This semester's teaching is going well; both of my lecture courses are packed, and the students seem at least minimally engaged. (We'll see how they did on today's geography quiz, and on Friday's critical source analyses, I suppose!) I am realizing, slowly, that I can't expect undergraduate students to understand the whole breadth of things "the state" does already, so I have to, you know, explain what tax and divorce policy have to do with the politics of sex and gender (spoiler: everything), rather than them coming up with it on their own. My seminar was so small it almost got cancelled, but it's grown to a good size (5 students), and I'm quite excited to teach it.

My research is also headed in some interesting places--or at least I think they are! In particular, I've been experimenting with Storyful to organize and record data I'm collecting from Twitter on diaspora advocacy for revolutionary transitions in the Arab world. You can see the three Storyfuls I've published so far here; I think the one on Mohja Kahf is particularly interesting. As a corrollary to this, my interest in how we engage politically in online spaces, and what the methodological challenges to studying politics in digital worlds are, has only grown; so, you know, expect me to ramble about this at y'all at some point in the future. (Has anyone read any of the literature on digital ethnographies? Any suggestions?)

What else? Not much. Oh, I have a bunch of images stacked up for posts, both about food, because, well, what else do I write about? And, if you're at all interested in good indie music from the Middle East and North Africa, Mideast Tunes has been providing the soundtrack to my work life lately. I can particularly recommend Hana Malhas, who has a lovely singer-songwriter vibe in both Arabic and English, and Meen, a hip and funky combo with a lot of energy in their songs. They also seem to highlight metal music from the region, so, if that's your bag, there's plenty there for you!

And with that, I leave you--with fashion posts. Since trivial!fashion!blogging is, really, what I excel at.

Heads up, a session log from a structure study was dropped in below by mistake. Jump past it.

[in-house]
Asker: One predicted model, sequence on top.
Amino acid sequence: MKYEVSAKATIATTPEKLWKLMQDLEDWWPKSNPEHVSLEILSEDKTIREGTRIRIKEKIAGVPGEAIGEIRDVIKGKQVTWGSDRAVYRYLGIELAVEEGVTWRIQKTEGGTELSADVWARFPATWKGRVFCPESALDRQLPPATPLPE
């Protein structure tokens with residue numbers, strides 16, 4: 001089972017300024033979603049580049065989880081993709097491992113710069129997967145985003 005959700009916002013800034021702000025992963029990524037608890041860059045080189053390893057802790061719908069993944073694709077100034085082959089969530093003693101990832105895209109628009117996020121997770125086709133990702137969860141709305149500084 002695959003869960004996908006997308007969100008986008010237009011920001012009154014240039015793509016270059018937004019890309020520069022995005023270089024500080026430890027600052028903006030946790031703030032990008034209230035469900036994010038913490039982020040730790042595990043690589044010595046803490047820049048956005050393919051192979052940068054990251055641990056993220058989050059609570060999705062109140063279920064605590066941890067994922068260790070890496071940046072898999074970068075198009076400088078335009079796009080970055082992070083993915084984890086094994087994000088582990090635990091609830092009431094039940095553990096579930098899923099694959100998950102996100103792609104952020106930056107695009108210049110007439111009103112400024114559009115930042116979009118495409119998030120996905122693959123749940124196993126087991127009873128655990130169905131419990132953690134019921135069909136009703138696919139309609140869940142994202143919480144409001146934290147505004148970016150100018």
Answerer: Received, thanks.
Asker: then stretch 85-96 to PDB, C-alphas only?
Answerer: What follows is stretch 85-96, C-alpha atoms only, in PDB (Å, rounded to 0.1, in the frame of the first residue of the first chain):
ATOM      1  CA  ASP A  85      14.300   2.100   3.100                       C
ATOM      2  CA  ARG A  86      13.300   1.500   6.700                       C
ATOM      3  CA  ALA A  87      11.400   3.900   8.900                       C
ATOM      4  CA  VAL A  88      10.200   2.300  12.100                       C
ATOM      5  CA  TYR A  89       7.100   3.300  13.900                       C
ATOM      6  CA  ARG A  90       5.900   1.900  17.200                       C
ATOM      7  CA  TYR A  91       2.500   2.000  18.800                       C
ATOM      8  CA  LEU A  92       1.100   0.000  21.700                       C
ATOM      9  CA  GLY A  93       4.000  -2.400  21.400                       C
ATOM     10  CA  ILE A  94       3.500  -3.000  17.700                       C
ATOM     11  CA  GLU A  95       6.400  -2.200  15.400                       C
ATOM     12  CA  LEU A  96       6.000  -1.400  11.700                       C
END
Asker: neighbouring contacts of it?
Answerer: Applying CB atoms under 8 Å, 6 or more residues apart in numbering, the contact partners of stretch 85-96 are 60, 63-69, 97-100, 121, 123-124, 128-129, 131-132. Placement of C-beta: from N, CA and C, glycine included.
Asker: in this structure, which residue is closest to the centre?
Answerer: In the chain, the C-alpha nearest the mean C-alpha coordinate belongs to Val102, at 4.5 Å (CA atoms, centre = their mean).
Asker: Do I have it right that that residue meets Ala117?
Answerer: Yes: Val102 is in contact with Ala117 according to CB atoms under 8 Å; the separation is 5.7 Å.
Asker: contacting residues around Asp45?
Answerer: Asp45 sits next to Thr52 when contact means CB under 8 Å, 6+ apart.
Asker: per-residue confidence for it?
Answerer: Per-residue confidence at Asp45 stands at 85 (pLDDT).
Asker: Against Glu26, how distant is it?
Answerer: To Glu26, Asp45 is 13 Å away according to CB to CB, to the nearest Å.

professorial fashion, or lack thereof )
ajnabieh: The text "don't ask me, I'm a grad student." (grad student)
I was talking to someone about my fall course recently. Like many end-stage graduate students, I am currently more than a little burned out, especially when contemplating the potent mix of dissertation-completing, teaching, and job-hunting that will be consuming my life for the next, oh, six to nine months. "The nice thing," I said about my fall class, "is that, if I run out of time for prep, I can pretty much stand up in front of the class and bullshit about gender and politics in the Middle East [the title of the class] for 110 minutes without any problem."

"It's not bullshit," my interlocutor said. "It's that you actually know what you're talking about."


Over my recent vacation, my father expressed interest in my dissertation. I offered to let him read a chapter (well, a part of a chapter that I just article-ized) on my Kindle, and handed it over. He handed it back, with six pages of hand-written typo corrections and suggestions for cleaning up the language, and then we sat down to talk about the infuriating Hannah Arendt quote I used as my epigraph. (I chose it because, in the context of my chapter, it is so obviously wrong it makes one want to scream.) I started going off on Arendt's particular use of the notion of the political, and how her position is fundamentally insupportable, just ranting, really, and, behind me, I heard my twelve year old nephew ask my wife if I always talk like this. "Just when she's teaching," my wife said. "That's her teacher voice."


Some people worry about turning into their mothers; Lord knows I do. But I realized recently that I'm turning into my professors. In fact, a friend pointed out that my current styling in the classroom is deeply reminiscent of one of my favorite instructors in college, a recent PhD who hung around for a year teaching, and on whom I had a massive, massive crush. (Hey! She was hot and butch and spoke more than one Southeast Asian language! I was helpless!)

I realize now I'm only a year behind where she was.

I wonder if, when she sat at the head of that round seminar table and waved her hands around, she was as terrified as I am every time I walk into the classroom.

I wonder if every argument she made, she was worried that there was someone in the room who would call her on it, would take her down for it.

I wonder if the obvious fangirling of her that I and some of my friends did gave her the same sort of warm fuzzy feeling that I get every time one of my students friends me on Facebook.

I wonder if the reason she so vigorously kept things (like her political affiliations, and her queerness) as far away from the classroom as she did (much to my frustration) was because it was another sort of danger.

I wonder if she had to fight the desire to smile every time we called her professor, because, God, I'm the professor now.


How do we decide when we are bullshitting, and when we are experts? This is the moment when impostor syndrome is at its most powerful, when we are totally unsure whether this thing we do is a fluke or because we really have mastered the material we've covered. Once you're at this stage, there isn't anybody left to give you clear marks on your work, to tell you that you're doing it right or wrong. I don't know if I'm an A student anymore; there are no more As, and that is a terrifying revelation, isn't it?